When someone snores in his or her sleep, many think that it means the person is having a deep sleep and will wake up feeling refreshed. However, Consultant Respiratory Physician and Senior Lecturer at Faculty of Medical Sciences, University of Sri Jayawardenapura Dr. Chandimani Undugodage begs to differ.
“Snoring occurs as a result of narrowing of the upper airway during sleep. During sleep, the muscles of the upper airway are relaxed and the upper airway narrows. When a person breaths through this narrow airway, snoring occurs. As the person goes to deep sleep the upper airway further narrows and at one point it could completely close! There is no breathing at this point. This is similar to strangulation. This is called an apnoea. An apnoea will cause a drop of oxygen levels in the person. The brain realising this brings the person from deep sleep to light sleep or completely awakens the person. Therefore the person gets a lot of light sleep, but very little deep sleep.
Dr Undugodage identified this condition as Obstructive Sleep Apnoea Syndrome (OSAS).
OSAS is characterized by episodes of partial and complete obstruction of sleep by the partial and complete closures of the upper airway. Due to the repeated interrupted episodes of deep sleep, it disturbs the quality of sleep leading the person affected to have a poor quality sleep.
This leads to various symptoms such as:
- Excessive daytime somnolence (excessive sleepiness during the day)
- Choking while sleeping
- Cessation of breathing noted by the bed partner
Dr. Undugodage identified obesity as being the key risk factor for OSAS. “Usually the excess fat is deposited around the neck and it narrows the airway. This could lead to OSAS,” the doctor said. She also added that since Sri Lankans have a smaller bone frame, even a little excess weight could lead to narrowing of the airway. She also said that cranio- facial abnormalities also caused narrowing of the airway. The commonest cause for OSAS in children is the presence of enlarged tonsils.
Basically any cause that leads to the narrowing of the upper airway exposes a person to the risk of developing OSAS.
Prevalence in Sri Lanka
In an islandwide survey done, Dr. Undugodage revealed that they have found 16.8 % are at high risk of developing OSAS.
Globally, males have a higher risk of developing OSAS
What happens when one has OSAS?
Due to OSAS, the sleep could be disturbed at various intervals leading to poor quality sleep. “Since the person doesn’t get the adequate number of deep sleep cycles, the individual will feel sleepy during the day and shows symptoms of sleep deprivation,” Dr. Undugodage shared. She added that sleep deprivation leads to poor productivity and memory issues. One of the biggest problems of daytime sleepiness is the increased number road traffic accidents due drivers falling asleep at the wheel.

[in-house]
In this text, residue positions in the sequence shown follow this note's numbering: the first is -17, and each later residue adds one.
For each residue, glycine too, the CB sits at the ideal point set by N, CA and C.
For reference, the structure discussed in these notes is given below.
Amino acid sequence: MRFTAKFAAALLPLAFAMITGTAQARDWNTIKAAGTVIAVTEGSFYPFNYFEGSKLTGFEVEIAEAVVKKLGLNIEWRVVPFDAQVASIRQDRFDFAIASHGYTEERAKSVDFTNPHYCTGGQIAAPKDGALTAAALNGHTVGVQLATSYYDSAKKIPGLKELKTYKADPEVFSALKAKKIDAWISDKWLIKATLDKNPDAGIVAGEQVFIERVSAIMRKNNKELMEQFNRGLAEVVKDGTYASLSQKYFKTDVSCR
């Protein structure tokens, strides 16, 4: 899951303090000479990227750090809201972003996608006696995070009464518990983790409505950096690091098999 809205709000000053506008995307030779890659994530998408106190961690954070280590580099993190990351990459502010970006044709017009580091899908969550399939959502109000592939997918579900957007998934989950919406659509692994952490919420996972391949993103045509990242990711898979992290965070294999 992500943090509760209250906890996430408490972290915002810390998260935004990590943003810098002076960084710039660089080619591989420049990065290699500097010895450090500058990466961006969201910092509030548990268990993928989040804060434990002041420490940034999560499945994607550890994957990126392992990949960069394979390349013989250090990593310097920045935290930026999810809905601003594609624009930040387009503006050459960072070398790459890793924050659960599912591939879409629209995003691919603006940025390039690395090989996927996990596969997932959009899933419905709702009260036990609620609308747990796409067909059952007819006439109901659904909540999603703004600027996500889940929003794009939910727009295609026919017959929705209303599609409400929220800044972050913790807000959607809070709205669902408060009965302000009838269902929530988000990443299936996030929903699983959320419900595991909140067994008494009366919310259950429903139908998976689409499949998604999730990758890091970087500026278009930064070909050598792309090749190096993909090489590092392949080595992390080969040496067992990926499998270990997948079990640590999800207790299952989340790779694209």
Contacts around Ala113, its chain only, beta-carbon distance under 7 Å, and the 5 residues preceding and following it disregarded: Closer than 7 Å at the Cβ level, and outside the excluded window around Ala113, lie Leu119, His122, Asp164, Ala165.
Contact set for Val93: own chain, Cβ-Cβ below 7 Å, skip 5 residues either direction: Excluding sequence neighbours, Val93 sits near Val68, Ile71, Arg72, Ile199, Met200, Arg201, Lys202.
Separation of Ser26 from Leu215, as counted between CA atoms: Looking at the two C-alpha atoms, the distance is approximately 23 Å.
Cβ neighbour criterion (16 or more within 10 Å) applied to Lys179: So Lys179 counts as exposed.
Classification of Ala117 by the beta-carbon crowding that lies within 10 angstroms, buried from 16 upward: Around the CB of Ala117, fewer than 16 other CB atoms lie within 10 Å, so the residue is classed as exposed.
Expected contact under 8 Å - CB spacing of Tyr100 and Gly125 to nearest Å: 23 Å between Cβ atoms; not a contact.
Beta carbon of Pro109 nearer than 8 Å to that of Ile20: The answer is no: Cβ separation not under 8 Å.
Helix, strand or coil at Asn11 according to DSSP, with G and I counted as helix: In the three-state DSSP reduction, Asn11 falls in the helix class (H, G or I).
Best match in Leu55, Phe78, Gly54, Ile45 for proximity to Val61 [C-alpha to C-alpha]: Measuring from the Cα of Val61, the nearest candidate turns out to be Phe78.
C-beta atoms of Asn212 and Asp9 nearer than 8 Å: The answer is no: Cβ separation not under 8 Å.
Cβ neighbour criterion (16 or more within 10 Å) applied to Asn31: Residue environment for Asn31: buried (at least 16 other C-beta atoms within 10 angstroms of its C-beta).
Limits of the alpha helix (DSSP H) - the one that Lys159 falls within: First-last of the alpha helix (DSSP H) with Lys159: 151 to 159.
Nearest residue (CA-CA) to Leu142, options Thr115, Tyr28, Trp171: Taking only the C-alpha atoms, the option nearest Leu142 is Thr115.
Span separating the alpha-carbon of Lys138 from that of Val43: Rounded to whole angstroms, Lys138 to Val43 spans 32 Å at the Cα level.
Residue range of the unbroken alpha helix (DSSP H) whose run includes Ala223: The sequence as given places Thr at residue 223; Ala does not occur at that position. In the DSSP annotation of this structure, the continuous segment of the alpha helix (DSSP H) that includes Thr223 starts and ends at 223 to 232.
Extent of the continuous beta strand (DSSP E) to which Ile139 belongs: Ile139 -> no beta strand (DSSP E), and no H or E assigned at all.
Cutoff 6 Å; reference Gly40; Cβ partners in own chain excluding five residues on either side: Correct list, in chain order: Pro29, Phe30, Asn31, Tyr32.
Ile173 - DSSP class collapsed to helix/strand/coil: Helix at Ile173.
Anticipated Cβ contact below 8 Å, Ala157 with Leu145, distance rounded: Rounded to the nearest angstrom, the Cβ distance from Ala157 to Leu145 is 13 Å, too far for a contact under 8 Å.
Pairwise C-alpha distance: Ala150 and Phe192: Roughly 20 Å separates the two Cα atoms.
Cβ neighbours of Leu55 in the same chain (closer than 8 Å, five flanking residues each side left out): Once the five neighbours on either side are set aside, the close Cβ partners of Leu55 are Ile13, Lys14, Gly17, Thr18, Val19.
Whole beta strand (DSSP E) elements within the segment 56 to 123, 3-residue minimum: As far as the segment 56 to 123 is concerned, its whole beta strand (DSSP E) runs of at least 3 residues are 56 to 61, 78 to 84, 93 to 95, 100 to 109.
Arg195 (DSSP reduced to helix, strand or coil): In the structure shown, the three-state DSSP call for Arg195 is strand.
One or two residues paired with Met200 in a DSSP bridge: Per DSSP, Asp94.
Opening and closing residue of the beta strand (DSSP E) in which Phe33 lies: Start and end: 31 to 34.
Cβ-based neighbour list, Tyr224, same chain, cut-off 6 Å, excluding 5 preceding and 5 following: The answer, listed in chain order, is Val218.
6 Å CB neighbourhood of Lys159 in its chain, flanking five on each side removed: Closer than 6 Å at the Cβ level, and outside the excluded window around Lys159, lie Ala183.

Due to low levels of oxygen (intermittent hypoxia), the body will also be releasing excess of stress hormones which lead to heart rhythm abnormalities and also puts the person at high risk of developing heart attacks, high blood pressure (hypertension), strokes and diabetes. There is also the possibility of dying in their sleep.
She also revealed that there is a risk of developing cancer as cell regeneration gets interrupted during the fragmentation of sleep leading to abnormal cell regeneration and growth. This could also lead to inflammation which causes endothelial dysfunction.
“OSAS could also lead to a condition called polycythemia- which is due to excess haemoglobin in the blood. This condition occurs due to the repeated hypoxia which causes excess reproduction for haemoglobin,” she added. In addition OSAS is associated with impotence informed Dr. Undugodage.
Diagnosis and treatment
Dr. Undugodage stated that when a doctor suspects that the patient has obstructive sleep apnoea syndrome, the individual is then referred to a specialist managing sleep disorders. In Sri Lanka OSAS is usually managed by respiratory (chest) physicians and ENT surgeons with a special interest in sleep medicine. She further stated, “We do a detailed sleep assessment in all the patients. The patients undergo a fibre optic laryngoscopy to visualise the upper airway. Their thyroid hormone level is also checked. They also undergo an appropriate type of sleep study. Sleep study is an overnight recording of various parameters while the patient is asleep. There are several types of sleep studies. These are done by trained personnel. With the help of the sleep study, OSAS can be diagnosed,” she explained.
When talking about treatment options, Dr. Undugodage revealed that the most commonly used treatment option is Continuous Positive Air Pressure (CPAP) treatment. “This is a device that generates a jet of air under pressure, which splints the airway open and prevents it from closing and thereby preventing apnoeas. With this device a patient with OSAS manages to enjoy quality sleep,” she said.
Another treatment option is mandibular advancement devices. This treatment isn’t available in Sri Lanka.
“Sleep surgery (palato- pharygo plasty) is another option available for patients which offers a lifetime cure. The patient has to be assessed for the suitability for surgery,” stated Dr. Undugodage. She also shared that bariatric surgery is an option for the very obese patient.
In addition, all patients diagnosed with OSAS should undergo lifestyle changes, which include diet and exercise in order to lose weight. They should also get themselves checked for diabetes and high cholesterol.
“There are screening questionnaires available to check whether you have OSAS. One such is the ‘The Stop Bang Sleep Apnea Questionnaire’ and that is available online,” she informed.
Finally, Dr. Undugodage stated that if someone snores there is a possibility that he or she has OSAS. “Therefore if you snore, better get yourself checked out before it’s too late,” she said.